Grass-fed meat & milk healthier in a whole food diet I Dr Stephan van Vliet, Duke University

Science collaboration between human health nutritionists, soil and animal scientists shows that grass-fed animals that forage on a diet of diverse pasture lead to health-promoting phytochemicals when consumed in a whole food diet.

Photo Courtesy of Silver Fern Farms
“If the animal is grazing biodiverse pastures, from a large botanical diversity, there are higher health-promoting phytochemicals than mono-culture pastures,” explains Stephan van Vliet.

As part of the Sarah’s Country’s Thought Maker series brought to you by Multiscapes at Lincoln University, we discuss with Dr Stephan van Vliet from Duke Molecular Physiology Institute, Duke University Medical Center:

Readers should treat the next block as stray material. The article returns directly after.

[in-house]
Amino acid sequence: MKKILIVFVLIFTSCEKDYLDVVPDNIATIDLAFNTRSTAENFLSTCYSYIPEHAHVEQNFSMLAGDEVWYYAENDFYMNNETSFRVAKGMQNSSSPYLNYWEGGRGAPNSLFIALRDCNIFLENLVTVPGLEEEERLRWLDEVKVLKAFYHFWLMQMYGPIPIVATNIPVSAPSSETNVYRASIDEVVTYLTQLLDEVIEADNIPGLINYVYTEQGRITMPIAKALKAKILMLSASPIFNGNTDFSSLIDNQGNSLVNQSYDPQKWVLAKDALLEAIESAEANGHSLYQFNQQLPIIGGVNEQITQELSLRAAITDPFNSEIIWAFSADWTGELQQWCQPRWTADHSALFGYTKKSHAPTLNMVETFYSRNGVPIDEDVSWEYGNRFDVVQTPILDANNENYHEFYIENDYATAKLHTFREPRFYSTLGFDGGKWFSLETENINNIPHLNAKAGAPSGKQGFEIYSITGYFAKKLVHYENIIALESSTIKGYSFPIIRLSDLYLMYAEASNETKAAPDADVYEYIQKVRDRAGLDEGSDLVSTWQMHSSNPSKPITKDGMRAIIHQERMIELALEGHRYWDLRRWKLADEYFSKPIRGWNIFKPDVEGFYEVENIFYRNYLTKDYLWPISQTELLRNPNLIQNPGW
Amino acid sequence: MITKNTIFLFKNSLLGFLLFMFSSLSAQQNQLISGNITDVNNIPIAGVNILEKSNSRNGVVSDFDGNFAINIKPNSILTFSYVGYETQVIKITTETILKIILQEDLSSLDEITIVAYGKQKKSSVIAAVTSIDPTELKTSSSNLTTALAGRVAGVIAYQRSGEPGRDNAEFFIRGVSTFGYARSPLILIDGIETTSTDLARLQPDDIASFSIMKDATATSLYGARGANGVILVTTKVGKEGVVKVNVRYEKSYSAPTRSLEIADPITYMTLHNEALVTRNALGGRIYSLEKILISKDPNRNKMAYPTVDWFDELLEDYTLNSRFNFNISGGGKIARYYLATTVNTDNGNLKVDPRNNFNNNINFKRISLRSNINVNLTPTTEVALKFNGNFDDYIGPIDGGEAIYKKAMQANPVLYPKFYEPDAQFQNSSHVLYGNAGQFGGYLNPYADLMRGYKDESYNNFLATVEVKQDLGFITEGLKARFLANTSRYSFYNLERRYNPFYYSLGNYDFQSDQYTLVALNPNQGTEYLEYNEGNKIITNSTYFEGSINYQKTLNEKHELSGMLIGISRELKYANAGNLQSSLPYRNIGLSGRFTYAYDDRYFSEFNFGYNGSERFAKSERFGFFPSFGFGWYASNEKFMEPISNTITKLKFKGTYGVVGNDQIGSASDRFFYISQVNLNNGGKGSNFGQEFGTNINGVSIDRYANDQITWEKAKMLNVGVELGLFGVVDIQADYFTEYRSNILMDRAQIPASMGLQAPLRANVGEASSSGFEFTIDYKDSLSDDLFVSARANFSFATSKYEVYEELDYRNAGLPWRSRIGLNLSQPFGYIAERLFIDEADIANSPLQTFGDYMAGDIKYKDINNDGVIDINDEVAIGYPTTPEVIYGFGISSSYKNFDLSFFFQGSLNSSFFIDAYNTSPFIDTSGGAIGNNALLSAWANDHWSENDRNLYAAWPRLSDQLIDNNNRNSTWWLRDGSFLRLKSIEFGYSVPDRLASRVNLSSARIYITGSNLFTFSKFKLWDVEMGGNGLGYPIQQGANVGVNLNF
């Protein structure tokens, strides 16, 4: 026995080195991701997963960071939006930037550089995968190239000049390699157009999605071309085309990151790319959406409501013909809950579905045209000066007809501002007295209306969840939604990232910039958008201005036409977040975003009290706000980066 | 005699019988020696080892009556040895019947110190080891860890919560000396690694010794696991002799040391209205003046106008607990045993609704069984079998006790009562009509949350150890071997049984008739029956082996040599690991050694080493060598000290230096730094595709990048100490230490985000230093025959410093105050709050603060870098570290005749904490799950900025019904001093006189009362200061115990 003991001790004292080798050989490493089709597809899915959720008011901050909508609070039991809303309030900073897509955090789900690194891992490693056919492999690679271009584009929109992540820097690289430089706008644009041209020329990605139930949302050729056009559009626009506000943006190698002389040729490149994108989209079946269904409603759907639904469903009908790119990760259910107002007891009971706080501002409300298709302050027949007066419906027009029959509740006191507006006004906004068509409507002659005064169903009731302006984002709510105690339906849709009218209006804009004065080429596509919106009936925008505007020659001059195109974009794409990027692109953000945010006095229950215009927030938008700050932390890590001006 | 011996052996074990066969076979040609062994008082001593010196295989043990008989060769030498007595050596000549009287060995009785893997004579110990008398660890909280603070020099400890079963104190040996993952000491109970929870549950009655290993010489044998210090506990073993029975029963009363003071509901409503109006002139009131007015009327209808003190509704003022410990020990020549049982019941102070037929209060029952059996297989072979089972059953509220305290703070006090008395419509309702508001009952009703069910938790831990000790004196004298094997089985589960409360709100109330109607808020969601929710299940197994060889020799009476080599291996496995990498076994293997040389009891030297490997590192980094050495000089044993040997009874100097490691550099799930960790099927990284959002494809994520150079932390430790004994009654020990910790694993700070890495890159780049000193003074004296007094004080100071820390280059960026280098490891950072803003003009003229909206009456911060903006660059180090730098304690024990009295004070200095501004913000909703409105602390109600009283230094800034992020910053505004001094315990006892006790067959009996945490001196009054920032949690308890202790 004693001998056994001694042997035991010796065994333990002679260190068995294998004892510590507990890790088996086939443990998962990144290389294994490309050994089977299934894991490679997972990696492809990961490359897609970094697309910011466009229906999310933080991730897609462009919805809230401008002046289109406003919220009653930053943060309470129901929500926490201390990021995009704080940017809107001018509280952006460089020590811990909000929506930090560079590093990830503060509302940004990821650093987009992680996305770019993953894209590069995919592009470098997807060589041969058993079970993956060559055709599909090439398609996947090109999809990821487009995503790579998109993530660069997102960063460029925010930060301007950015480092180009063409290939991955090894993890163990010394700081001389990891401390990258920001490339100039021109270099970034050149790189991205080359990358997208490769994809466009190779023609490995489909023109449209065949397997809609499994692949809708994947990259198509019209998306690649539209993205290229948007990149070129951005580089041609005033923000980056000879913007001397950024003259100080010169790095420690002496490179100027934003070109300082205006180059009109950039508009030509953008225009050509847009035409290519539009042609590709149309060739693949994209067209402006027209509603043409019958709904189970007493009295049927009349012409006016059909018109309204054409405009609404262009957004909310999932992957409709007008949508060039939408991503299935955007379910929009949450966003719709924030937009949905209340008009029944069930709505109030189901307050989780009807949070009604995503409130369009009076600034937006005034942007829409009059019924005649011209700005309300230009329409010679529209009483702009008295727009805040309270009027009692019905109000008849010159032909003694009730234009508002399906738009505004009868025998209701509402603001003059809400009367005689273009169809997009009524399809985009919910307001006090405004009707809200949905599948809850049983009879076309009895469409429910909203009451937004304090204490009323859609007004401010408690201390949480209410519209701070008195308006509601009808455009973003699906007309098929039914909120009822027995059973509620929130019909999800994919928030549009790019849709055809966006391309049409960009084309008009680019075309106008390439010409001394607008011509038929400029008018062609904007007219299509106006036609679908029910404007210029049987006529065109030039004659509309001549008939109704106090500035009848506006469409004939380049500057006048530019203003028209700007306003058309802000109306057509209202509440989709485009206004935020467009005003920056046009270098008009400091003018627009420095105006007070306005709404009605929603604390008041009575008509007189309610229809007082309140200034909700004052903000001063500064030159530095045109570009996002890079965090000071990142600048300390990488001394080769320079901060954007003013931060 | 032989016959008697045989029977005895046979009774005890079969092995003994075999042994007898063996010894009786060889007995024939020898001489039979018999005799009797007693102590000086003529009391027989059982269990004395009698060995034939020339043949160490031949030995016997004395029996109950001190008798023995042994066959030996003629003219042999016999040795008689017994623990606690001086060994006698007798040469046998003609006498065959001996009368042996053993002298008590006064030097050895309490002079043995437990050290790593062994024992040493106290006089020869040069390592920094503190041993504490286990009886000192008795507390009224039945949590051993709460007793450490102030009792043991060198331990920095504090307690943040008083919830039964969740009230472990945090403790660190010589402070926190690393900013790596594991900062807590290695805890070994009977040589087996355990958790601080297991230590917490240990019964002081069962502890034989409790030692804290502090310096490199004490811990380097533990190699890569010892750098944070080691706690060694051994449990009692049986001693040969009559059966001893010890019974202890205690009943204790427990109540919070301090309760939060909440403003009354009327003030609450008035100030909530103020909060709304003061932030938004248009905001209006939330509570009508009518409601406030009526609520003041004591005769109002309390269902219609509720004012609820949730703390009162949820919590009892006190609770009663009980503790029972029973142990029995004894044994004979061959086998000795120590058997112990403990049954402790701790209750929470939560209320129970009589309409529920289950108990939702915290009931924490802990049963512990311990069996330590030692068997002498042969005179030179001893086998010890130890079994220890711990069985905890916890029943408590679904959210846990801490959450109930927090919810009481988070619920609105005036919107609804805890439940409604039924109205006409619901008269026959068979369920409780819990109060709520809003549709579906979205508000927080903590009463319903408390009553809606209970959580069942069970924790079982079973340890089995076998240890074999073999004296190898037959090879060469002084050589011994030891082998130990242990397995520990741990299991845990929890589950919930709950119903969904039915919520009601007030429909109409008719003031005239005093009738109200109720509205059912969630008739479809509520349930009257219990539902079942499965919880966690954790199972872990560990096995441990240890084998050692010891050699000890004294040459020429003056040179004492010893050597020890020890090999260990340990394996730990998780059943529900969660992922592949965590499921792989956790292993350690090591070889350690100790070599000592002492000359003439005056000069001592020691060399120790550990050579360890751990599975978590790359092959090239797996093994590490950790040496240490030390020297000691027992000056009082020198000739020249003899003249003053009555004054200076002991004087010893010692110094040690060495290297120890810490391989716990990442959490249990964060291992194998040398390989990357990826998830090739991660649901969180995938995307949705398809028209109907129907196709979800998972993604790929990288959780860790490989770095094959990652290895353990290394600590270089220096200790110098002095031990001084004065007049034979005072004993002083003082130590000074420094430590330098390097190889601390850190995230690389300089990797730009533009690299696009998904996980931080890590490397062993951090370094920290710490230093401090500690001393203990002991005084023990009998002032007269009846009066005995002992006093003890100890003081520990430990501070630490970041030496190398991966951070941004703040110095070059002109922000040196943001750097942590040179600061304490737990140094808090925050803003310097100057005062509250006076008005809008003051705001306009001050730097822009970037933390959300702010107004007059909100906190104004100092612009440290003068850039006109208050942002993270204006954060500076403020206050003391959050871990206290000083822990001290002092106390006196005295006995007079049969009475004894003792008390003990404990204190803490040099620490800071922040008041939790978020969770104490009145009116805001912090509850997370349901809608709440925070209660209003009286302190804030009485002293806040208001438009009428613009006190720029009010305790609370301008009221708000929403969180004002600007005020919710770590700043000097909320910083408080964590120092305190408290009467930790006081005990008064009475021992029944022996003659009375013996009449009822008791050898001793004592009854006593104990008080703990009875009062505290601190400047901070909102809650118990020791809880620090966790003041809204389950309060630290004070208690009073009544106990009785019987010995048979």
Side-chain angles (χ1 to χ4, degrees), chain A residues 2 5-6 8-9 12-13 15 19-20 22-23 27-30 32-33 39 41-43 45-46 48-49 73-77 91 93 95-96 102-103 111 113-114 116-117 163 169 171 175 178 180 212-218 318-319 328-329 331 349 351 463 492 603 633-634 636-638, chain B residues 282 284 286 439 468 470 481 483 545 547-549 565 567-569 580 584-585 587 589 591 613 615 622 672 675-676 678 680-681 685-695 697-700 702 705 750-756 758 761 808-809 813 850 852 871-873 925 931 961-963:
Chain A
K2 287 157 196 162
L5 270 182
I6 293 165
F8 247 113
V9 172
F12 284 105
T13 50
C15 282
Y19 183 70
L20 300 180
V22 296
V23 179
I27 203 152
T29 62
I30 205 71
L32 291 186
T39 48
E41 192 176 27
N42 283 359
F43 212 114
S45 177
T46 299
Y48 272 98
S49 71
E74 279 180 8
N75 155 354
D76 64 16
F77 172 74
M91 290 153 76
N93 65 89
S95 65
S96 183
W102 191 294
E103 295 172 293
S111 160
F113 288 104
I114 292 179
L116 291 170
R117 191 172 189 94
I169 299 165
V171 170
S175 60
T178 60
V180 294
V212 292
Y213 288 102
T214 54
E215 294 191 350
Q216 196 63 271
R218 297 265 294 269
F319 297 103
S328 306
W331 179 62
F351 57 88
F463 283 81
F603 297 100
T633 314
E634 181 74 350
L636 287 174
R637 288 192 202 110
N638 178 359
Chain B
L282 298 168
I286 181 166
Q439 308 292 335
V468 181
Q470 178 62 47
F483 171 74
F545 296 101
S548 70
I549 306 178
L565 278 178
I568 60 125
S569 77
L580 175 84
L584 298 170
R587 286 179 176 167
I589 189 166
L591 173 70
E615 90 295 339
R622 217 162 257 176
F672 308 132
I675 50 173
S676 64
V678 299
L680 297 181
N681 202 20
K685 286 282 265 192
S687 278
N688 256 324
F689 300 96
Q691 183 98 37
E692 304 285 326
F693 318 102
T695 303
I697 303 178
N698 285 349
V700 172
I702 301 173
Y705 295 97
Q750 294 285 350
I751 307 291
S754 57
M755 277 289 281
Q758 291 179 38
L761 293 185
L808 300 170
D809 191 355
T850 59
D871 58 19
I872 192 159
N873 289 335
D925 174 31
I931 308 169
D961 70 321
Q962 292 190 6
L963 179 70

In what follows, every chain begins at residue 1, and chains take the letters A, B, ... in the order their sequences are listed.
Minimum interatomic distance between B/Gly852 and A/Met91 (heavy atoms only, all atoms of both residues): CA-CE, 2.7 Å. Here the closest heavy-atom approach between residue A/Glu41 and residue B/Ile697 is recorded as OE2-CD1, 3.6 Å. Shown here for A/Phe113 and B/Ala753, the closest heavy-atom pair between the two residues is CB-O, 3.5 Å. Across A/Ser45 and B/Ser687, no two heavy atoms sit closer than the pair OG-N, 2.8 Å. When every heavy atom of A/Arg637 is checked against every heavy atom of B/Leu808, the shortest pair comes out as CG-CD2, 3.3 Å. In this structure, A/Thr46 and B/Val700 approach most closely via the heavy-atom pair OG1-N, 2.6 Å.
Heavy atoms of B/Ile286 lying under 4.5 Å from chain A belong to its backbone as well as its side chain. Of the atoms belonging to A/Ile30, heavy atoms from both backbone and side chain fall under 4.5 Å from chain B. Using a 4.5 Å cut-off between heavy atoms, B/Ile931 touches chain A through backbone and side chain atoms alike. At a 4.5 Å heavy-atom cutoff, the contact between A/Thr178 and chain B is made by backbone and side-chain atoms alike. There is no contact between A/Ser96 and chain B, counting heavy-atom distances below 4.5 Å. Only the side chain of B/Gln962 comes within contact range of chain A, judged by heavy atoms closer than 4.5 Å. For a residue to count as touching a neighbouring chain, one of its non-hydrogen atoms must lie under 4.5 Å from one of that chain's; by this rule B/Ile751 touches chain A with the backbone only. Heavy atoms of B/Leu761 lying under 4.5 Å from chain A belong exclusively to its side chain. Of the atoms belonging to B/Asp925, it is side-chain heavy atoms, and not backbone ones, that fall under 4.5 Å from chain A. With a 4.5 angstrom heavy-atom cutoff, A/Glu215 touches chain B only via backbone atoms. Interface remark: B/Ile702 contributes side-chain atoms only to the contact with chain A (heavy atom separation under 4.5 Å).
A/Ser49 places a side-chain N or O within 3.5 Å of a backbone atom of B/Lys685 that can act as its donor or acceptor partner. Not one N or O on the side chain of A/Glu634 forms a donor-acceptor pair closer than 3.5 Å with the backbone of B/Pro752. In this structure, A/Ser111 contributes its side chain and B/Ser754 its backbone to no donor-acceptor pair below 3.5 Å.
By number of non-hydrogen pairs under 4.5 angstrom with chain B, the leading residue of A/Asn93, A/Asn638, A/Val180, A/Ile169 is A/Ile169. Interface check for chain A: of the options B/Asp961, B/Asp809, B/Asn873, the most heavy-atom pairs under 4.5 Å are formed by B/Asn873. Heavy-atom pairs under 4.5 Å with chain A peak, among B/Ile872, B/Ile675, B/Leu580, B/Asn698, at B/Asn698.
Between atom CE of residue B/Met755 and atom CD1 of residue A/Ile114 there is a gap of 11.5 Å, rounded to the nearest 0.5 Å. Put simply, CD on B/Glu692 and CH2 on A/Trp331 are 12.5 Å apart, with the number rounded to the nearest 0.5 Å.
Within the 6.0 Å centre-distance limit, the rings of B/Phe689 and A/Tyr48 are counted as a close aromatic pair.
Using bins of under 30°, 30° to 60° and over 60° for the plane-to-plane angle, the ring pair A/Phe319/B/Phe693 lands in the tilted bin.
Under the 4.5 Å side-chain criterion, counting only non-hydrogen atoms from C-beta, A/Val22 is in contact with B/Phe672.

• His area of nutritional study is in the field of tracking disease back to dietary origin and how to treat disease from the ground up from what we eat.

  • They have focused on the secondary compounds that affect physiology and metabolism from forage diversity and finishing on pasture which gives red meat health-promoting phytochemicals such as CLA.

  • It always comes back to your overall diet, so if you consume red meat as part of a 'healthy' diet, a lot of the associations with cancer, cardiovascular disease, diabetes, tend to become neutral.

  • Studies, especially in older adults, suggest that moderate amounts of animal foods can actually improve health and longevity and reduce the risk of early mortality.

  • His team encourages nutrition science to collaborate more with soil, plant and animal scientists to work on multidisciplinary projects as we look to the connection between the health of the soil, animals and humans.

To read Stephan’s latest research article, ‘Health-Promoting Phytonutrients Are Higher in Grass-Fed Meat and Milk’:

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